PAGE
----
Saturday, July 30, 2011

The Great Awakening

“One short sleep past and we wake eternally.”

—John Donne

I have a treasured memory of gatherings with family friends when our boys were small. We adults would talk into the night. Our children, weary with play would curl up on a couch or chair and fall asleep.

When it was time to leave, I would gather our children into my arms, carry them to the car, lay them in the back seat and take them home. When we arrived I would pick them up again, take them to their beds, tuck them in, kiss them goodnight, turn out the light and close the door. In the morning they would awaken—at home.

This has become a parable for me of the night on which we “sleep in Jesus,” and awaken in our eternal home, the home that will at last heal the weariness and homesickness that has marked our days.

Poets, philosophers and raconteurs have often compared sleep and death. In sleep our eyes are closed, our bodies are still, our respiration so slight we seem not to be breathing at all. Ancient writers, in fact, referred to sleep as a “little death.”

The New Testament writers picked up the symbol and gave it new meaning. While secular Greek poets and other authors referred to death as “perpetual sleep,” or “everlasting sleep,” the sacred text speaks of a “sleep” that leads to a great awakening.

Early Christians seized on the symbol. The catacombs in Rome, which were first constructed and used by the early Christians for burial sites, were called koimeteria (our word, “cemetery”) or “sleeping places,” a belief reflected in numerous inscriptions on sarcophagi: “He/She sleeps in Jesus.”

These early Christians could extract the full meaning of the metaphor because they understood that death is exactly like sleep. We slumber and awaken immediately after. (We’re not conscious of time when we fall asleep.) Thus sleep is good and nothing to fear. Death, in fact, is heaven’s cure for all earth’s afflictions—“good for what ails us,” my mother used to say.

John Donne, whom I quoted above, has one of the best commentaries on death as sleep, or so it seems to me. He begins with his oft–quoted phrase “Death be not proud, though some have called thee / Mighty and dreadfull, for, thou art not so.”

“Really?” we ask, “Death not dreadful?” Donne, a devout Christian, answers that death cannot boast because it cannot kill us. Death is mere “rest and sleepe,” and, he continues, there is great pleasure in sleep: “much more must flow”—a place to rest our weary bones. “Why swell'st thou then,” Donne asks of Death,  “One short sleepe past, wee wake eternally, / And death shall be no more...” This is the death of death and our dread.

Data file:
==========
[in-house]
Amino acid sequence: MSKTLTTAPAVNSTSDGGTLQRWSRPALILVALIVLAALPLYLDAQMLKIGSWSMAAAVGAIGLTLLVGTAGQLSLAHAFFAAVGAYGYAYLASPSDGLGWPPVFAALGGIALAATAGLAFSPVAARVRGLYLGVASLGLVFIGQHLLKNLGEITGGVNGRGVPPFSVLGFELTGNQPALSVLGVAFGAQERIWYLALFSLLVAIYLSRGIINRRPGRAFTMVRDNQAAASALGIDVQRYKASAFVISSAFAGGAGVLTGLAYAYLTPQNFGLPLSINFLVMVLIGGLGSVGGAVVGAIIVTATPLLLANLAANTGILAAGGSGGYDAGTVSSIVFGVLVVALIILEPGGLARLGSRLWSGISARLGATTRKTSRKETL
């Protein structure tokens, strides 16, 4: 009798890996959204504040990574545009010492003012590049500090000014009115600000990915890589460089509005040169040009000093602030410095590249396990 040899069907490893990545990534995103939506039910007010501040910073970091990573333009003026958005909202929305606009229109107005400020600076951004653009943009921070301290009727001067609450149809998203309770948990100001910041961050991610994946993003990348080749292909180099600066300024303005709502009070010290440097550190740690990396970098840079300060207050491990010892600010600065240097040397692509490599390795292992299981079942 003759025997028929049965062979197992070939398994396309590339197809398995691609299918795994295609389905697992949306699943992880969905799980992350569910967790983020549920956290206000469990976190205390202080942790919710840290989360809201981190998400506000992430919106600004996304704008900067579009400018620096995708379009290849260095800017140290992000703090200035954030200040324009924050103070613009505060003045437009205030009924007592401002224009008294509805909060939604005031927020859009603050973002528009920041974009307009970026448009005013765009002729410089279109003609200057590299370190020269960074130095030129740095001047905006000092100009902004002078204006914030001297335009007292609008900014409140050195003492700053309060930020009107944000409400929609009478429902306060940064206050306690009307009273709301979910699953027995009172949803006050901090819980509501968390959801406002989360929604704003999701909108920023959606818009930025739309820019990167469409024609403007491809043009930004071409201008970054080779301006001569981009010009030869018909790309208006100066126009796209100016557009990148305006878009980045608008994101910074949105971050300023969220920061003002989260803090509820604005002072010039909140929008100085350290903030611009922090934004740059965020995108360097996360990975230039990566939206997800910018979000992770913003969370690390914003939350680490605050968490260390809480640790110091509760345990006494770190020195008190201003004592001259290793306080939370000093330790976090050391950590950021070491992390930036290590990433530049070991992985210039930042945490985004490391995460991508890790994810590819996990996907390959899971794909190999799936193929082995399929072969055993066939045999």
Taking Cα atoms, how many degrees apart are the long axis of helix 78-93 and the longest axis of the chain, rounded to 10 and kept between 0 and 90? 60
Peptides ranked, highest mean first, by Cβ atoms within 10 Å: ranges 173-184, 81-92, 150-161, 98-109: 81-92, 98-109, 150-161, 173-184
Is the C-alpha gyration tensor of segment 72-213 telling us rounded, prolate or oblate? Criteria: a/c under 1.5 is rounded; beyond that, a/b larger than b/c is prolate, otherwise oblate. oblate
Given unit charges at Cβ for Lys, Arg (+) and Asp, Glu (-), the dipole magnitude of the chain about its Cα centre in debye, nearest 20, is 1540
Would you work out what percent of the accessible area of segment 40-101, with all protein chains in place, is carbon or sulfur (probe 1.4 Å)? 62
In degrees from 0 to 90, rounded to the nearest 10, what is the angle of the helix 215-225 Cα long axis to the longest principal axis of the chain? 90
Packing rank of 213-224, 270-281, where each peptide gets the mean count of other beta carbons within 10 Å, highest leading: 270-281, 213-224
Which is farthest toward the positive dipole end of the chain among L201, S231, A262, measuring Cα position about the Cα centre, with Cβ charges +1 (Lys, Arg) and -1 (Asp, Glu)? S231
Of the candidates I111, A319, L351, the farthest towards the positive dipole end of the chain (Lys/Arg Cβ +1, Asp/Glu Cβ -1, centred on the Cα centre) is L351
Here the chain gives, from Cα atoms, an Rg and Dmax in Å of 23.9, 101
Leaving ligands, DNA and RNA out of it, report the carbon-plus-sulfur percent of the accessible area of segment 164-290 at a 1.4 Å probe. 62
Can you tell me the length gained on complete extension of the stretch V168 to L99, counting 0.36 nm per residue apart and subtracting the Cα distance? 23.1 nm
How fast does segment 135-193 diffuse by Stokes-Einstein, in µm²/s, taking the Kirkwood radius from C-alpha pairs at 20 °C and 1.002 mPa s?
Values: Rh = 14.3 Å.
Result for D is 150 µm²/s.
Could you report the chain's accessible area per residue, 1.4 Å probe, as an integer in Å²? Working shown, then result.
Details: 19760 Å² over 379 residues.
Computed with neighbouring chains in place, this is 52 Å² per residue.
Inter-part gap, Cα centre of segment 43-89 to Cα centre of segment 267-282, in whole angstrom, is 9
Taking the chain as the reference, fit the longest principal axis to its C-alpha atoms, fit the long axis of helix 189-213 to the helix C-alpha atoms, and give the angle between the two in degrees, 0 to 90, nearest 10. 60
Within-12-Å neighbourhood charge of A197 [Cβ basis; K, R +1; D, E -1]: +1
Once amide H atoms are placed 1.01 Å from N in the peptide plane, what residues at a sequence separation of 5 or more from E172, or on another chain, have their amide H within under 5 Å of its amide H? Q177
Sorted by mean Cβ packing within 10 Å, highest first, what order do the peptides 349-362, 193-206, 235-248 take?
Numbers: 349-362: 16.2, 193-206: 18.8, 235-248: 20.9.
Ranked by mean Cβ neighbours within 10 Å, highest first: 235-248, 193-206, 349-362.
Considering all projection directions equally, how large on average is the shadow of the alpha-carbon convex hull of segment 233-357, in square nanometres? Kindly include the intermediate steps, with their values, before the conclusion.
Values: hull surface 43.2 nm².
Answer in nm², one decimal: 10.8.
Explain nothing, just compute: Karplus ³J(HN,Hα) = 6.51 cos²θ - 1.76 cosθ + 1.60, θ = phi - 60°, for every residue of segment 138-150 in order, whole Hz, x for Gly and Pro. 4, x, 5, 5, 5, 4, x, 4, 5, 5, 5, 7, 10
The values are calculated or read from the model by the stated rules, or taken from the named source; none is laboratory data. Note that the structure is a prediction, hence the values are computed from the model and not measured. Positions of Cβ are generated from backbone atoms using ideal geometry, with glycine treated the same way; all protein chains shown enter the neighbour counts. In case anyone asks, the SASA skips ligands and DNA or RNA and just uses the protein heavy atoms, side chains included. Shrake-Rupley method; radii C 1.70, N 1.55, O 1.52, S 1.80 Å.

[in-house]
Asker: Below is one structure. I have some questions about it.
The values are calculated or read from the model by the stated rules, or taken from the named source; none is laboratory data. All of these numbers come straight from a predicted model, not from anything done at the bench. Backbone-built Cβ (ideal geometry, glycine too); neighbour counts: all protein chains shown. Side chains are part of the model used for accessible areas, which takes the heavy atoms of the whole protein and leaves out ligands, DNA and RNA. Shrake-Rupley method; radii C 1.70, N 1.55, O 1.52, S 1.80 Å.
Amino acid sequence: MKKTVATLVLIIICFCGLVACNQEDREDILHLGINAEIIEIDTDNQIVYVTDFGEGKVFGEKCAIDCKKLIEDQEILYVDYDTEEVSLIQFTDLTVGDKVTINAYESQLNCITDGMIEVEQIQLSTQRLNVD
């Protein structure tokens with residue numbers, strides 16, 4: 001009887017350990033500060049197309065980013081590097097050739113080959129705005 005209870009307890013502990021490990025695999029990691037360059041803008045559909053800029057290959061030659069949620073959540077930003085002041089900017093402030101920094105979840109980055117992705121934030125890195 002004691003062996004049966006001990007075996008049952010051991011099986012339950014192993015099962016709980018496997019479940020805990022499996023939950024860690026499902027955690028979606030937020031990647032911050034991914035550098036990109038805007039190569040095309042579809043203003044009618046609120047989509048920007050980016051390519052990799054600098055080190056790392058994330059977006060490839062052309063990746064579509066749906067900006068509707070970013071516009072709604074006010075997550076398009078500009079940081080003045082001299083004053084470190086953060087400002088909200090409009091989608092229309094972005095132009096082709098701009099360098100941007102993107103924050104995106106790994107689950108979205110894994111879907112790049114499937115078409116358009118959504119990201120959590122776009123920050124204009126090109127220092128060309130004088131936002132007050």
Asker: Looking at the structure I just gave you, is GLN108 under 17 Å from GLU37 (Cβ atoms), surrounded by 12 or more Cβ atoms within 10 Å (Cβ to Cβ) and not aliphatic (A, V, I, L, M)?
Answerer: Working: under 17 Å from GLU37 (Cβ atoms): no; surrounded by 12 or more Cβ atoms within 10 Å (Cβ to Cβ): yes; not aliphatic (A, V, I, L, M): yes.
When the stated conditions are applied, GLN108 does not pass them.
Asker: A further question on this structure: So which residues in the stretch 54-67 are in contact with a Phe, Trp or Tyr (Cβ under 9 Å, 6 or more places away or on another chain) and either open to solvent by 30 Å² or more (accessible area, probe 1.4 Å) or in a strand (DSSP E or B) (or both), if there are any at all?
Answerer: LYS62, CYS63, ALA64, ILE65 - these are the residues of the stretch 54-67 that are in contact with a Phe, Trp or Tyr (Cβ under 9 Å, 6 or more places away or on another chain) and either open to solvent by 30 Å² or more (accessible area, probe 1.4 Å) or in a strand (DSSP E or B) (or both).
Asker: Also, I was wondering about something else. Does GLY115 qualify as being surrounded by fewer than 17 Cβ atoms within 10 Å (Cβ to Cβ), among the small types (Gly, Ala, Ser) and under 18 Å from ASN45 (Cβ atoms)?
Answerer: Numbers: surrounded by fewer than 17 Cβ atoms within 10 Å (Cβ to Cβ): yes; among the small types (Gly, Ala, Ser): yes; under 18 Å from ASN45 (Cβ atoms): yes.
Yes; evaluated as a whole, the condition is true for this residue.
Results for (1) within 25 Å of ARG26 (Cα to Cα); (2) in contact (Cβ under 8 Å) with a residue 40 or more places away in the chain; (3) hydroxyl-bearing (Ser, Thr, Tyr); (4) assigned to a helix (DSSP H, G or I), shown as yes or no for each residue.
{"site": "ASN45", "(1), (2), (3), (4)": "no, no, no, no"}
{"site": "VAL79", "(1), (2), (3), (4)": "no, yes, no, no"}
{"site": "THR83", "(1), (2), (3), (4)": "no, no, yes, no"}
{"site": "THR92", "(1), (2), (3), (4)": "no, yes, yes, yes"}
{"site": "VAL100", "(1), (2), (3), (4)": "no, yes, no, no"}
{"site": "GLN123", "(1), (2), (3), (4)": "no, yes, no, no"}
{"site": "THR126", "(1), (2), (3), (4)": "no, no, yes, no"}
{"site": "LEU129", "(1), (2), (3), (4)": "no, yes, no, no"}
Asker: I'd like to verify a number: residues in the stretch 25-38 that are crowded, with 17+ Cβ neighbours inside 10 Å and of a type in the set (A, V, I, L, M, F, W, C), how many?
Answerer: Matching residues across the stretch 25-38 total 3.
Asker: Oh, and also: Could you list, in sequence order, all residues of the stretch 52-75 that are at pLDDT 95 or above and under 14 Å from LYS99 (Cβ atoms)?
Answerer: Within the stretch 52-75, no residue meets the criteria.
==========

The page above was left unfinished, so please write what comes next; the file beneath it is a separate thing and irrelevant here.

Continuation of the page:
I came across an Old Testament text the other day, a closing comment that ”Moses died…at the word of the Lord.“ The Hebrew text reads, ”Moses died…with the mouth of the Lord,“ a phrase ancient rabbis translated, ”With the kiss of the Lord.“

Is it asking too much to envision God bending over us on our final night on earth, tucking us in and kissing us goodnight. Then, “one short sleep past, wee wake eternally.”

We’re all getting closer to that great gettin’ up day.



Tobias said...

Thank you,
Yes, I have felt that longing for home ever since I was a child.
But, somehow I did not get to church. I was happy, or so I thought, in my living room, surrounded by bibles and commentaries.
Right now. I am in the stage of life where my father have moved home for good. And I have a family of my own and carry the children to bed, and tuck them in with a good night kiss.

But life was not complete. Even with a beatiful wife, a good house and two fantastic girls.
I had to start attend church again, for a while it was confusing. Not really recognising the church of my childhood, it has changed so much in twenty years.
But, after a bit of looking around.
I am home again.
As I also hope to someday wake up with my heavenly father beside the bed.


C. Marie Byars said...

Neat blog. Great ideas!

Grandma E said...

Just discovered your blog, and your writing. What an immense blessing!

 The God-Man “If ever we get hungry to see God, we must look at his picture.”  “Where is that, sir?”  “ Ah, Davie … don’t you know ...